Tuesday, September 30, 2014

Three More Years

Imagine heading over to the post office to get your passport for the first time. Next you send that passport off with a completed application form to the embassy in Washington D.C. for the country in which you'd like to travel. A few days later, the passport is returned and you have a beautiful stamp in your book. While I realize this isn't the picture of how most expatriates would actually obtain a work permit, it is the image most of us share given our limited exposure to other countries and cultures.

Obtaining a work permit from inside a developing country is rather different from how it's done from America; and it's rather different from inside each country too. No two processes are alike. I recently had the opportunity to experience the contrast between the process in Kenya and the process in Uganda. I have to be honest that I continue to be surprised at how drastically different the two countries are in so many ways given their close proximity.

Both countries required some kind of proof for the need to be in country. In my case, that proof was the establishment of the NGO (nonprofit) in that country. Once that general step was complete, each with its differing set of hoops, the work permit application begins.

Uganda required a letter from the NGO board recommending me for the proper work permit. Asking in advance what Immigration required was the key to avoiding extra money, travel, and frustration. I simply provided all the documents, signatures, and the NGO Board letter to the Immigration office. I think this is where people get frustrated. Many differing lists of requirements exist and, well, some folks aren't great at documentation and following lists and such. Perhaps my operations management background gives me a leg up in this area. I checked back in the allotted time, paid the prescribed fee, and dropped my passport to receive its final stamp.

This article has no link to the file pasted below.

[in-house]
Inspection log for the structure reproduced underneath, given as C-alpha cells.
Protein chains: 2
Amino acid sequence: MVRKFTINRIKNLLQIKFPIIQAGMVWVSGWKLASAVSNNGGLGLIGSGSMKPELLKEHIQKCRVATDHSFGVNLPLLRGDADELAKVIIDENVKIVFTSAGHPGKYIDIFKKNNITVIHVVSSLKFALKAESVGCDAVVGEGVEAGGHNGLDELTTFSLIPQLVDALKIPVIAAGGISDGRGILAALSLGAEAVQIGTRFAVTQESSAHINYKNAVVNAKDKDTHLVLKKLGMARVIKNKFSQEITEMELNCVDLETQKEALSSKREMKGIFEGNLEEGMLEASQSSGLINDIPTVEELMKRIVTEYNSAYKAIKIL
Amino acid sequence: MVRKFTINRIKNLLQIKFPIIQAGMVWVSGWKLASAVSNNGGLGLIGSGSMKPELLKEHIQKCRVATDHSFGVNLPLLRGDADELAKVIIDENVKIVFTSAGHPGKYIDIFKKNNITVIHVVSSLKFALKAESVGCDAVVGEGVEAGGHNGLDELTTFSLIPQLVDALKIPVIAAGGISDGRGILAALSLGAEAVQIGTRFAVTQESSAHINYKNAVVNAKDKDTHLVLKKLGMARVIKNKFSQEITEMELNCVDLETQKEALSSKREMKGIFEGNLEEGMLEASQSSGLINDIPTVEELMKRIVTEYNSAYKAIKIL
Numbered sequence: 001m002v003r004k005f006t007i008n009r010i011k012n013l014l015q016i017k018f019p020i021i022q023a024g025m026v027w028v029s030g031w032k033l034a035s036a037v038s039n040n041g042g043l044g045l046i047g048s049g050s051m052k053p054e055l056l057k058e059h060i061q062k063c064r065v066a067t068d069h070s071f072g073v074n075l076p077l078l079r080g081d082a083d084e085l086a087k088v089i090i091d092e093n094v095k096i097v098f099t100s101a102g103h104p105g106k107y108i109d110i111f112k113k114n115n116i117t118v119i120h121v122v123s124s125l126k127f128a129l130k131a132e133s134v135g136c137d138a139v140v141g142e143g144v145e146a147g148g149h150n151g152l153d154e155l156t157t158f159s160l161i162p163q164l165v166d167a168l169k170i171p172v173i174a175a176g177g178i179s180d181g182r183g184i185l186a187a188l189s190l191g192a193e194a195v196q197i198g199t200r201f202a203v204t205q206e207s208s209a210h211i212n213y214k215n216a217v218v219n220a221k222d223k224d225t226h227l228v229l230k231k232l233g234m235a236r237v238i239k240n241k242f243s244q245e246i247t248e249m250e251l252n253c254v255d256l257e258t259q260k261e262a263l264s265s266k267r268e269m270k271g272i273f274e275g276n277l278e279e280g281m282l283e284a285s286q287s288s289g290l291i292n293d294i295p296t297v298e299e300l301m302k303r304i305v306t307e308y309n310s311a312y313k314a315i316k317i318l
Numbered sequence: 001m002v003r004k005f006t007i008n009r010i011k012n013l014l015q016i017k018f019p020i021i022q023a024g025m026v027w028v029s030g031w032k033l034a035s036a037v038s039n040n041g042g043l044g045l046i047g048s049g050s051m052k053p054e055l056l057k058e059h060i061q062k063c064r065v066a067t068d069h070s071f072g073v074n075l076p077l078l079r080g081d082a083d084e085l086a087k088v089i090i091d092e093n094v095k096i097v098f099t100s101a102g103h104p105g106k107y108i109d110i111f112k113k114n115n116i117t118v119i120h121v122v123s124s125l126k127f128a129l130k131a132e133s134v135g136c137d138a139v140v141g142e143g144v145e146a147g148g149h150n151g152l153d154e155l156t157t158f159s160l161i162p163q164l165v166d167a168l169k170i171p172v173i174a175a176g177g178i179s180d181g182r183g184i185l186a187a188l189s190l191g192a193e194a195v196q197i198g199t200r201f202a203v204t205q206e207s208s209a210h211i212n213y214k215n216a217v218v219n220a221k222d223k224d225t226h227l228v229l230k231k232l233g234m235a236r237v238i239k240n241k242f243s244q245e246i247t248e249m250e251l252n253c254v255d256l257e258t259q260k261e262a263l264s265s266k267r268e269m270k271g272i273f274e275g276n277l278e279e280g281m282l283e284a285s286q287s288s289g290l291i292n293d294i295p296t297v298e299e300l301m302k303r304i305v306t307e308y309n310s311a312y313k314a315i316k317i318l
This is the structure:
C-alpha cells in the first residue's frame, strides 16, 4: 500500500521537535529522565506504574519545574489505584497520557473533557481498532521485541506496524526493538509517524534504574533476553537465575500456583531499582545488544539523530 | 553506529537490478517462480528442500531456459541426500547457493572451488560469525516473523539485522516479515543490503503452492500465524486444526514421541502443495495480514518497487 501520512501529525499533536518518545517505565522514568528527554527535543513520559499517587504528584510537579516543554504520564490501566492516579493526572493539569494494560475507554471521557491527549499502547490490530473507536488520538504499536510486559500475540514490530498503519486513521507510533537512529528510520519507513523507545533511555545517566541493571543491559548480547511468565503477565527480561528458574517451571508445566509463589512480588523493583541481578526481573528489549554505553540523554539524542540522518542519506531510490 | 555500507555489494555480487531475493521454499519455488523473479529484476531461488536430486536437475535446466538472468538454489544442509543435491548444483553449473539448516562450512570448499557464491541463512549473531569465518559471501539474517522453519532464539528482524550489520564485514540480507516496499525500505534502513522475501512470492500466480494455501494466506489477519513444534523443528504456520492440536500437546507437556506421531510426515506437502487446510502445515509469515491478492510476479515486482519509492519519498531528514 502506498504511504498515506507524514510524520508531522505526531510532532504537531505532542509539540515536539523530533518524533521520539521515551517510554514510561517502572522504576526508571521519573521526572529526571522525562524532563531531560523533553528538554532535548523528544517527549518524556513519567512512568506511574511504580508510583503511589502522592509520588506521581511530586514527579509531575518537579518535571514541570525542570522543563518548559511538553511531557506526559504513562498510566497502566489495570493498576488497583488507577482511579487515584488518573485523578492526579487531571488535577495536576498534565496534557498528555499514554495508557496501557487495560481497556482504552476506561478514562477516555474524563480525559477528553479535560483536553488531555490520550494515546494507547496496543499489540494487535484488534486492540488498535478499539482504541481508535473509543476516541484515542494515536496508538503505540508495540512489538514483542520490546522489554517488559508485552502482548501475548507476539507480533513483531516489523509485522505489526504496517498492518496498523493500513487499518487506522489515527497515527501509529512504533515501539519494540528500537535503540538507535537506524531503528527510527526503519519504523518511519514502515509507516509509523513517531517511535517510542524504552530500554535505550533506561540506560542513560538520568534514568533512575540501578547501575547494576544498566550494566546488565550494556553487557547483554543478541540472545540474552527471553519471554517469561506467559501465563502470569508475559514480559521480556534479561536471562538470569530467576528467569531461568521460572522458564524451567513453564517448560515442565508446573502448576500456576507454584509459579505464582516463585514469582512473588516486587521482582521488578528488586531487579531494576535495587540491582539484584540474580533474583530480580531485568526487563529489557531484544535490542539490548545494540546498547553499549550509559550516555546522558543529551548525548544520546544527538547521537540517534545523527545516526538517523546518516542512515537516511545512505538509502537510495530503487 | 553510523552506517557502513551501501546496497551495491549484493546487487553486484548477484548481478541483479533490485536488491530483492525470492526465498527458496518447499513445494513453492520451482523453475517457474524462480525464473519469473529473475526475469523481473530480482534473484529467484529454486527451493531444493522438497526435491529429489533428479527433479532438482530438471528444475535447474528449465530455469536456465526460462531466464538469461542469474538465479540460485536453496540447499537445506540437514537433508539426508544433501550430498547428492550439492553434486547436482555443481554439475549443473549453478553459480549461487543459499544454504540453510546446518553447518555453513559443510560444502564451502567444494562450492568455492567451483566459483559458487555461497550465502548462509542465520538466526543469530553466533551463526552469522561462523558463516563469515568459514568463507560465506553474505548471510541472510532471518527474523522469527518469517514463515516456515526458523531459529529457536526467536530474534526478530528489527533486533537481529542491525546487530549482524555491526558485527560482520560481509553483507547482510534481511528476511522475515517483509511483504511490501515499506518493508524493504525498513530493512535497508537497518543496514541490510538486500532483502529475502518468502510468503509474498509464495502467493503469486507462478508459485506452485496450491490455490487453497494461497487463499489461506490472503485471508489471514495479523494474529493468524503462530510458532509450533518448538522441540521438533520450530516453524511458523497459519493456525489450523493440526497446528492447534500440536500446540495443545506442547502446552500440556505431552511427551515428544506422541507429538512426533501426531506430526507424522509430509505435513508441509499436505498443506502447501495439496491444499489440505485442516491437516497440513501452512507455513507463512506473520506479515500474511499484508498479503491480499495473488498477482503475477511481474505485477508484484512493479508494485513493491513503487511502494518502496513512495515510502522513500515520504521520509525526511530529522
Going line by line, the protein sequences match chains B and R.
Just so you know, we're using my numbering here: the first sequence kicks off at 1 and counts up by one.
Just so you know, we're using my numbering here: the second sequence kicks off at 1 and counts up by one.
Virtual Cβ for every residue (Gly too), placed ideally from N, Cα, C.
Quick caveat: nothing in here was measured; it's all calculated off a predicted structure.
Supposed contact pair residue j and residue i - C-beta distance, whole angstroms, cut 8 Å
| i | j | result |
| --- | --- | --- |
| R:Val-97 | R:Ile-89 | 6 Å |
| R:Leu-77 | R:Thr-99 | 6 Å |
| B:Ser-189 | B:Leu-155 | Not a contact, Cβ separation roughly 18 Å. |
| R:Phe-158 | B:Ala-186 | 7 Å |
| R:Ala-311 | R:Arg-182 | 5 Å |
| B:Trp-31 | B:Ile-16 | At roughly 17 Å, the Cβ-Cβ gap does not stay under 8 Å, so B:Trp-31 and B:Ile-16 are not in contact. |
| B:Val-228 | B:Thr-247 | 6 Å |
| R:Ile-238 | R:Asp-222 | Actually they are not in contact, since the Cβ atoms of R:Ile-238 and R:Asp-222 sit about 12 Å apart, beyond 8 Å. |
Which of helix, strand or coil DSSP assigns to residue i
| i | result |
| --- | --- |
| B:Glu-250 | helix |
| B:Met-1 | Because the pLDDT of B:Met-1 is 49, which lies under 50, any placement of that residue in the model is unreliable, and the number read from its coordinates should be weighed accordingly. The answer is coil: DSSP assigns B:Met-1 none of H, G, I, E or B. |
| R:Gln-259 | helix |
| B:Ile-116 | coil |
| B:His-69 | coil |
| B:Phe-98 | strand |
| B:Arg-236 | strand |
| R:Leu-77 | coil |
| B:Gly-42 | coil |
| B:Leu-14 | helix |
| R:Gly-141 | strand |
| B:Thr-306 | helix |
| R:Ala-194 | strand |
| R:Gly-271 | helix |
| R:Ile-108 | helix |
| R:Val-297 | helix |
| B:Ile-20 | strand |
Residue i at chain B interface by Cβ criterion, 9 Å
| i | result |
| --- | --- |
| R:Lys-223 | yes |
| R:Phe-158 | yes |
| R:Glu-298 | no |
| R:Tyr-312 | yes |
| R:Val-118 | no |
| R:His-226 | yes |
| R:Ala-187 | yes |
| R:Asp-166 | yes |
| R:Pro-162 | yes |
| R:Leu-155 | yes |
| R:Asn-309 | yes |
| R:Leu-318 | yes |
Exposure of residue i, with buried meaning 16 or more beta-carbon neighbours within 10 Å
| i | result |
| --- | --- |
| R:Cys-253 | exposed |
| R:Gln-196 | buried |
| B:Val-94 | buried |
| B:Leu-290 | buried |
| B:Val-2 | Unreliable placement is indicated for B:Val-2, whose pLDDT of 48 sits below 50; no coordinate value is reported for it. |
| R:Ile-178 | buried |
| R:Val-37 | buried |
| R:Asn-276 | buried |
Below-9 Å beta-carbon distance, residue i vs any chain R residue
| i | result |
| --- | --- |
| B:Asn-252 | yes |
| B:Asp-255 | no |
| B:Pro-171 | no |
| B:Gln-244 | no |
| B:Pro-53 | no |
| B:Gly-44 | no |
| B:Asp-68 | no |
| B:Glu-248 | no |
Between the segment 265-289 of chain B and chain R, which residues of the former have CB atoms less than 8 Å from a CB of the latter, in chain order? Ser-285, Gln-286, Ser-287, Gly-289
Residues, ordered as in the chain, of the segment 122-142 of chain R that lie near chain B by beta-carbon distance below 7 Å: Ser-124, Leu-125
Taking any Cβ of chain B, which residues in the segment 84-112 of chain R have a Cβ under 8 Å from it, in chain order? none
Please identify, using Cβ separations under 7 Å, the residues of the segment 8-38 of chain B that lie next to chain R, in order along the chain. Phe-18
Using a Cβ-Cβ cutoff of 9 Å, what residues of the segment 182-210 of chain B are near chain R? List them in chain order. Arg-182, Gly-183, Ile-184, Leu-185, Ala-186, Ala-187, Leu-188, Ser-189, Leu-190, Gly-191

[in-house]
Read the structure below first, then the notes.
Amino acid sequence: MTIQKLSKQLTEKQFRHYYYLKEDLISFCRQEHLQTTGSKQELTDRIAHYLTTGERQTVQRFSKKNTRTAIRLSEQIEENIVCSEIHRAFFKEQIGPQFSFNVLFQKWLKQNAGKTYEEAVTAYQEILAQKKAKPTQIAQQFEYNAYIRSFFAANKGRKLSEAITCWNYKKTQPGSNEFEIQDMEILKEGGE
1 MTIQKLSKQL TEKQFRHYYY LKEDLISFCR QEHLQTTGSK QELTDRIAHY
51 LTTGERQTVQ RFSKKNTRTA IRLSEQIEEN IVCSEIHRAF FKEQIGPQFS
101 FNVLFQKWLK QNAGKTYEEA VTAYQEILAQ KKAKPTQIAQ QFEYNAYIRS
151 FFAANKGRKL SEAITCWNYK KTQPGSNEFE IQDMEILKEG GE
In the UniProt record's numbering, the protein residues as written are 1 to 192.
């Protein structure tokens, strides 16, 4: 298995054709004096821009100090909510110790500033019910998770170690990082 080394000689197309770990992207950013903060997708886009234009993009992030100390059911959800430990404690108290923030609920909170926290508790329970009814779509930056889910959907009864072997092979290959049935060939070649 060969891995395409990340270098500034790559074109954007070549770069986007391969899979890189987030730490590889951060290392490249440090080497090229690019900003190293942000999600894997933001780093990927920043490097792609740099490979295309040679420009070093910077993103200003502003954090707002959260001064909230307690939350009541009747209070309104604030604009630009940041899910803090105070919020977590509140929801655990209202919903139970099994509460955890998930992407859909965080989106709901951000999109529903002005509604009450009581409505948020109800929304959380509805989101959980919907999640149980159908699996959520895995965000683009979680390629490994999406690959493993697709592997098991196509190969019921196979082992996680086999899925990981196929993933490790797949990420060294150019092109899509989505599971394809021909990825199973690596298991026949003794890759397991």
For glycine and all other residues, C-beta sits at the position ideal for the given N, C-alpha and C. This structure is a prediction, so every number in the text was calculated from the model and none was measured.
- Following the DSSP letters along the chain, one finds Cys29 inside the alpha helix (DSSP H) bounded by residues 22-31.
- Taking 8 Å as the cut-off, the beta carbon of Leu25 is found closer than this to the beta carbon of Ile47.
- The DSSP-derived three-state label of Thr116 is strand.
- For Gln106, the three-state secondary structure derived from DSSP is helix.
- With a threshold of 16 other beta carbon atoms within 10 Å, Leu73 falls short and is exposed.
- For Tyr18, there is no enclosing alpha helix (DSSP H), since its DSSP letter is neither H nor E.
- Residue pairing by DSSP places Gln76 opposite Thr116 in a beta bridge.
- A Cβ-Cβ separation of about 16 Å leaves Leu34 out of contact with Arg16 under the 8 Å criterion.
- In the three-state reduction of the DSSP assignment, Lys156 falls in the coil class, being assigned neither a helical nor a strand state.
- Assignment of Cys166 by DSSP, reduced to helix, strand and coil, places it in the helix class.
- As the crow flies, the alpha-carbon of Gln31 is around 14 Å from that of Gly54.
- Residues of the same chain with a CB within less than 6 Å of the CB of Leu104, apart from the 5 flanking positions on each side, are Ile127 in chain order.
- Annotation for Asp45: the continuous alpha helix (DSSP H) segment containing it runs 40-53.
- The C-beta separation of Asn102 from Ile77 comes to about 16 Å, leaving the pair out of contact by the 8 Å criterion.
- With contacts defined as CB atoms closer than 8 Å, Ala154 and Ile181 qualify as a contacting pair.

In Kenya, though, I needed help from a dear friend, James. Moving around Nairobi in and of itself is exceedingly different than in Uganda. Nairobi is so much more spread out than Uganda and so without his help I would have failed to find the mailbox let alone Nyayo house. Kenya has more information available online and it seems to be consistent. Once he delivered the prescribed documents, we waited. The next step was delivering the money. The next, picking up the approval and then fingerprinting and registering for an alien identity card (wonder if I'll have green skin and google eyes).

Getting to the point of the so far rather boring story, I have heard via personal conversations, Facebook groups, and eavesdropping while waiting in line that those applying for both Ugandan and Kenyan work permits were exceedingly frustrated. Here's why, they'd had:
  • Service providers who were unethical or inattentive.
  • Bribes that were required to get files "unlost."
  • Delays were unexplainable (though a peek inside the office mess explained a bit).
  • Advice differed from one representative to another.
  • Rejection notices seemed not to be warranted.
  • Time was lost.
I could go on. Instead I want you to hear my story.

My story is one of favor - the favor of my Father in heaven. I am truly rejoicing in him for sparing me the anxiety so many have experienced, for giving me favor with the leaders and decision makers in high offices, and for affirming my work through Surprised by Hope. Please, I am not saying he loves only me and all these other people and their unfortunate frustrations are any sign of failure or lack on their part. Not at all. Instead I'm choosing to give him the glory for making my application and approval process relatively easy. Yes, I now have 3 year work permits for both Kenya and Uganda. 2017 here we come!